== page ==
Further, we support a review of the Classification of Publications Guidelines, to determine whether there should be more stringent requirements for the display of  the so-called "lads'' magazines such as ‘People' ‘The Picture' ‘Zoo'  and ‘Ralph' magazines etc..

Julie Gale, Director,  Kids Free 2B Kids

The Hon Alastair Nicholson,  AO RFD QC, Former Chief Justice of the Family Court and Founding Patron, Children's Rights International

Tim Costello, CEO World Vision

Noni Hazlehurst, AM,. Actor, Child Advocate

Clive Hamilton, AM, Professor of Public Ethics at the Centre for Applied Philosophy and Public Ethics

Dr Joe Tucci CEO Australian Childhood Foundation

Steve Biddulph, Psychologist, Author and Australian Father of the Year in 2000

Professor Louise Newman, Director, Monash University Centre for Developmental Psychiatry & Psychology

Dr Karen Brooks, Associate Professor in media studies, School of Arts and Social Sciences Southern Cross University

Barbara Biggins, OAM Hon CEO Australian Council on Children and the Media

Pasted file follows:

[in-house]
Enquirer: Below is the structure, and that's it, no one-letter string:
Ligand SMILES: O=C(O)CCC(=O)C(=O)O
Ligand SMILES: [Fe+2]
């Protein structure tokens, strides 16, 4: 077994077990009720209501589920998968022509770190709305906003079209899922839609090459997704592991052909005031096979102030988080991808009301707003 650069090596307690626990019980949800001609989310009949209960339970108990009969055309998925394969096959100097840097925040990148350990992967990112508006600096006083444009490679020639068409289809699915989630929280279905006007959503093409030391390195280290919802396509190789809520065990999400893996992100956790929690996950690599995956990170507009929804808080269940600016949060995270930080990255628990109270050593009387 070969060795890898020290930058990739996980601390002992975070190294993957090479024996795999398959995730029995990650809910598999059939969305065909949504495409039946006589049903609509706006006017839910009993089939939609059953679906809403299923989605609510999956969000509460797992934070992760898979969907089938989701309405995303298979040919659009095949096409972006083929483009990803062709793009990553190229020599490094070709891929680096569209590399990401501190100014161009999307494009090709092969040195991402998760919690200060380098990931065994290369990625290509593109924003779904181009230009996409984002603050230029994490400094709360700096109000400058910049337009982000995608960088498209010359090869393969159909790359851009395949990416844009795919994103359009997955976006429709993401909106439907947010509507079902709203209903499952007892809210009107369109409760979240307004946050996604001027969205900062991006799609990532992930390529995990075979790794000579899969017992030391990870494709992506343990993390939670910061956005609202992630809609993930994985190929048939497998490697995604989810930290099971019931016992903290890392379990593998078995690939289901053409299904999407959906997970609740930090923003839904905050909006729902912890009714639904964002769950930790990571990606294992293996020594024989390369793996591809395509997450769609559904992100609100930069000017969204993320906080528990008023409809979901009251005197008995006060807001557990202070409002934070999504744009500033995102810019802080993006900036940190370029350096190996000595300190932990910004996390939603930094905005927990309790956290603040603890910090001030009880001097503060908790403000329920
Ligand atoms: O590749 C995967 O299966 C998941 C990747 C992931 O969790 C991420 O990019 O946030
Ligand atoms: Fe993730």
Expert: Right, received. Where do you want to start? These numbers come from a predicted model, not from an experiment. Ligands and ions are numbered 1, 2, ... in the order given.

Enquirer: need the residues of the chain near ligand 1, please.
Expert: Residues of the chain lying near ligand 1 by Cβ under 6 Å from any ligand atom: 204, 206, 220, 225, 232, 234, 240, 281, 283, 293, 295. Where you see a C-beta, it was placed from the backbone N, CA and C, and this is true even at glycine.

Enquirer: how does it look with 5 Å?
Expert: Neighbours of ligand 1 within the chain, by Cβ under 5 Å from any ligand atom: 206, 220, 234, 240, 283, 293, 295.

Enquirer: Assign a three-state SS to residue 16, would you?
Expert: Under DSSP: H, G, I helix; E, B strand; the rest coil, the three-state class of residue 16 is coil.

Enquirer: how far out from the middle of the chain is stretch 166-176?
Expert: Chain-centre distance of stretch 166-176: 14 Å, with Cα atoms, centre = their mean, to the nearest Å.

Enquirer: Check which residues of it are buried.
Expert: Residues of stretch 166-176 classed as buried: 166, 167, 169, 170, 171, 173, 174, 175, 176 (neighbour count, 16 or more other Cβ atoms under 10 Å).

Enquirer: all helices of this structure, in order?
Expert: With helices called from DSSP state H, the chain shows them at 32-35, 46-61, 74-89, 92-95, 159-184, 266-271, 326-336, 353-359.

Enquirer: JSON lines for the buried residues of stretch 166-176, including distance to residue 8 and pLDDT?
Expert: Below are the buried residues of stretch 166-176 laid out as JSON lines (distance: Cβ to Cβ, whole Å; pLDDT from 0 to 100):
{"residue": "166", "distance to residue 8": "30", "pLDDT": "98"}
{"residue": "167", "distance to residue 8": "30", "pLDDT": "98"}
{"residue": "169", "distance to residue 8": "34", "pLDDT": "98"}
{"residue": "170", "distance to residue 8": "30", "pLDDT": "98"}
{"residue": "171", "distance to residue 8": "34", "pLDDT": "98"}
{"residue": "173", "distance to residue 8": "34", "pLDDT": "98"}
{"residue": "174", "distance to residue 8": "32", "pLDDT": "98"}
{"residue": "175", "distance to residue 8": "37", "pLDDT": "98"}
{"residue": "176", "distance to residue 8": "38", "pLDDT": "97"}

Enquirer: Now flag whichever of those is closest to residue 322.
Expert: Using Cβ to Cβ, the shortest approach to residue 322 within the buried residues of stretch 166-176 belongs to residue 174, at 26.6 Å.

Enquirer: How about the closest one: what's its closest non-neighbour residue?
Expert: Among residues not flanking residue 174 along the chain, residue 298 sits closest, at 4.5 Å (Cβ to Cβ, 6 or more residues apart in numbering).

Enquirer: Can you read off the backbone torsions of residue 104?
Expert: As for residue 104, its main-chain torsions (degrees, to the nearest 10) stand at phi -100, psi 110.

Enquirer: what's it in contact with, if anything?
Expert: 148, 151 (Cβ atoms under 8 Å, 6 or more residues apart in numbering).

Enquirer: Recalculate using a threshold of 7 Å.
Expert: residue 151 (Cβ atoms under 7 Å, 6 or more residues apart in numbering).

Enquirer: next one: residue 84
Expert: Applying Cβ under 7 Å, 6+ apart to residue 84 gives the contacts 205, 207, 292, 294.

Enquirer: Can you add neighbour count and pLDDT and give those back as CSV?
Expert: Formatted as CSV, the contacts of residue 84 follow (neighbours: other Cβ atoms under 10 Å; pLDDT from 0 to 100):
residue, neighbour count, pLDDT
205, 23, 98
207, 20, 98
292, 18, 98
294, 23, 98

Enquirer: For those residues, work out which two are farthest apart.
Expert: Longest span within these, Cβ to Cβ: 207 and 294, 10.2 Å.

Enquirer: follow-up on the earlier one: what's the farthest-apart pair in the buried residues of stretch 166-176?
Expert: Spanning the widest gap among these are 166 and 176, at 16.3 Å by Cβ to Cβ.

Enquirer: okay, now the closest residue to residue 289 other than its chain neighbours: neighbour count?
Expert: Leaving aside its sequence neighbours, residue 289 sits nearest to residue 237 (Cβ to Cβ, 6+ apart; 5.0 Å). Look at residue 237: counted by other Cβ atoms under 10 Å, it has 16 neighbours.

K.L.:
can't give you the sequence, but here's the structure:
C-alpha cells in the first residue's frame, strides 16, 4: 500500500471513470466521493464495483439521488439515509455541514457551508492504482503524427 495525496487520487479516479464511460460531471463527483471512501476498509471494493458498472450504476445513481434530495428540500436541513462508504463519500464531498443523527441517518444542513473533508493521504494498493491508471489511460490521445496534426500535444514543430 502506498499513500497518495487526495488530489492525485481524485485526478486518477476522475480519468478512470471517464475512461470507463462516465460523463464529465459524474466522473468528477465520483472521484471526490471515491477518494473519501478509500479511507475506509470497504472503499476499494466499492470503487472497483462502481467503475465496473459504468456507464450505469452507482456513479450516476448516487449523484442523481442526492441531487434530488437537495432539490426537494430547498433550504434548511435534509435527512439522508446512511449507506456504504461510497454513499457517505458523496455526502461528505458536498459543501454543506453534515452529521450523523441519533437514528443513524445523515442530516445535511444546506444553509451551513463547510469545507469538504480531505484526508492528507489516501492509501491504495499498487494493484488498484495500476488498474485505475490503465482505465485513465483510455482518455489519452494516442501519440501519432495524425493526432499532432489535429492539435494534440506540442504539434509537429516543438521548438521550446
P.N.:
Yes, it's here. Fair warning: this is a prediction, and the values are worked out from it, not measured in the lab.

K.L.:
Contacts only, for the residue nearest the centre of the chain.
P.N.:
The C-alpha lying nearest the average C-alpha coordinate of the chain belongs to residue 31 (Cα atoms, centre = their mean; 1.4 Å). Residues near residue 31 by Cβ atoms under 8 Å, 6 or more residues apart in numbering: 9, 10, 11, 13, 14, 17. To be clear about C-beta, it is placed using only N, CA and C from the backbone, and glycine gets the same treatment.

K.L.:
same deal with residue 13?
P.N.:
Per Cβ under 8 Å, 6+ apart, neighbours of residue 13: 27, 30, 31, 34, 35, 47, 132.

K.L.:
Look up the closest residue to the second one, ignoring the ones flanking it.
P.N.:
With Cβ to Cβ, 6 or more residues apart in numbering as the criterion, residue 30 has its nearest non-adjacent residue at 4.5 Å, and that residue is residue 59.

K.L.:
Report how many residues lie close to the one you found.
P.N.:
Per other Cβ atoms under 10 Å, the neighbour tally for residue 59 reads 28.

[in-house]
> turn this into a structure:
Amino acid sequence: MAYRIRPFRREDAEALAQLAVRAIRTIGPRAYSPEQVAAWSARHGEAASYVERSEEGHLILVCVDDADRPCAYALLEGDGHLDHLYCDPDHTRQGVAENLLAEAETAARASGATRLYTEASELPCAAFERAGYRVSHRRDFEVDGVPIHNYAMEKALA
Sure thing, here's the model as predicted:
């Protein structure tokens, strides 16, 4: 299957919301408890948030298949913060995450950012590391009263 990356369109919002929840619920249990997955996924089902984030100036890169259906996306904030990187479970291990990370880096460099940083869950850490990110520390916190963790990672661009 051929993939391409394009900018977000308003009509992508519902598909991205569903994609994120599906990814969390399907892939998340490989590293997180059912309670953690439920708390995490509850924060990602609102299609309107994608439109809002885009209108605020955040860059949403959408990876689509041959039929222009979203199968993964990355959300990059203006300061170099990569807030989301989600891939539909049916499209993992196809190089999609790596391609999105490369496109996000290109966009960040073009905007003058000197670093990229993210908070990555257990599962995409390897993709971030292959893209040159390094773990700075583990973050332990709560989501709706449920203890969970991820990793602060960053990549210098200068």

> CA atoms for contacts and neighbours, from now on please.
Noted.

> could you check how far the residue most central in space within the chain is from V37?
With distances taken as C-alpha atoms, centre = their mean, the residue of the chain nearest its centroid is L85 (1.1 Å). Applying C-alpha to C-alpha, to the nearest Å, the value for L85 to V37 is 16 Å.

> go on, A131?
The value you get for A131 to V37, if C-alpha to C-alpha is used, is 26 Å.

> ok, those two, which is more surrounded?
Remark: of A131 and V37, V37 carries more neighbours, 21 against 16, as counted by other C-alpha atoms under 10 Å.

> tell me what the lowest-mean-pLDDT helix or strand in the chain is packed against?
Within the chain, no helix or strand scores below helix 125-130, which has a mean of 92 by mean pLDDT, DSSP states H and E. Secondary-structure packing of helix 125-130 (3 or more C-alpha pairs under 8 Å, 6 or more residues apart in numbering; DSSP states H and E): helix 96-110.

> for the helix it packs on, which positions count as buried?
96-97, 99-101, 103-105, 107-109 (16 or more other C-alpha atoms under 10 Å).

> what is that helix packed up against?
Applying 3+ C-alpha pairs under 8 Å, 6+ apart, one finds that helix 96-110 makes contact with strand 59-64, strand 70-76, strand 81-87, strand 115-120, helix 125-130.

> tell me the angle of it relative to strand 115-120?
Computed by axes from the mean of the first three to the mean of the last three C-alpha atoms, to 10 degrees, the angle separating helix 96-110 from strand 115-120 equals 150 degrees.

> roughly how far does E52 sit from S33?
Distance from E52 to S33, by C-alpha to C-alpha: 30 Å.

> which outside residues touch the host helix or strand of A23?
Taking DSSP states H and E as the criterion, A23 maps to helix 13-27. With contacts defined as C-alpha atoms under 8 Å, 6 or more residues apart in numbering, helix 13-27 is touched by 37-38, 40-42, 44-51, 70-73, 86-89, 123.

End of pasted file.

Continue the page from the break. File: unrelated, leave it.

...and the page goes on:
Melinda Tankard Reist, Editor "Getting Real: Challenging the Sexualisation of Girls", Social Commentator

Dr John Tobin, Melbourne Law School

Elizabeth Handsley, BA .LLB. LLM., Professor of Law, Flinders University

Kaisu Vartto, CEO Sexual Health Information Networking & Education SA Inc (SHine SA)

Dr Cordelia Fine, Centre for Applied Philosophy & Public Ethics University of Melbourne

Bill Jackson, CEO, Children's Rights International

Dr Michael Carr-Gregg, Author, Child & Adolescent Psychologist and Social Commentator

Professor Susan J Paxton, Head of School. of Psychological Science ,La Trobe University

Dr Beryl Langer, Sociology & Anthropology School of Social Sciences LaTrobe University

Dannielle Miller, CEO Enlighten Education and author of "The Butterfly Effect"

Professor Dorothy Scott, Director, Australian Centre for Child Protection, University of South Australia

Dr Phil West, Ph.D. Initiator and Co-founder: The Alannah & Madeline Foundation Founder & President Renew the Spirit Foundation

Mr Tony Pitman, CEO OzChild

Dr Emma Rush, Co-author Corporate Paedophilia.

Dr Rick KausmanMedical doctor and author

Lauren Kelly\, Coordinator Northern Sydney Area Sexual Assault Service Royal North Shore Hospital

Dr Judith Slocombe, Chief Executive Officer The Alannah and Madeline Foundation

Rita Princi, Child, Adolescent & Family Psychologist

Professor Chris Goddard, Director Child Abuse Prevention Research Australia, Monash University

Hetty Johnston, Founder and Executive Director Bravehearts Inc

Carla Meurs, Co-ordinator, Solving the Jigsaw

Angelique Foran, Psychologist - Child, Adolescent and Family Psychology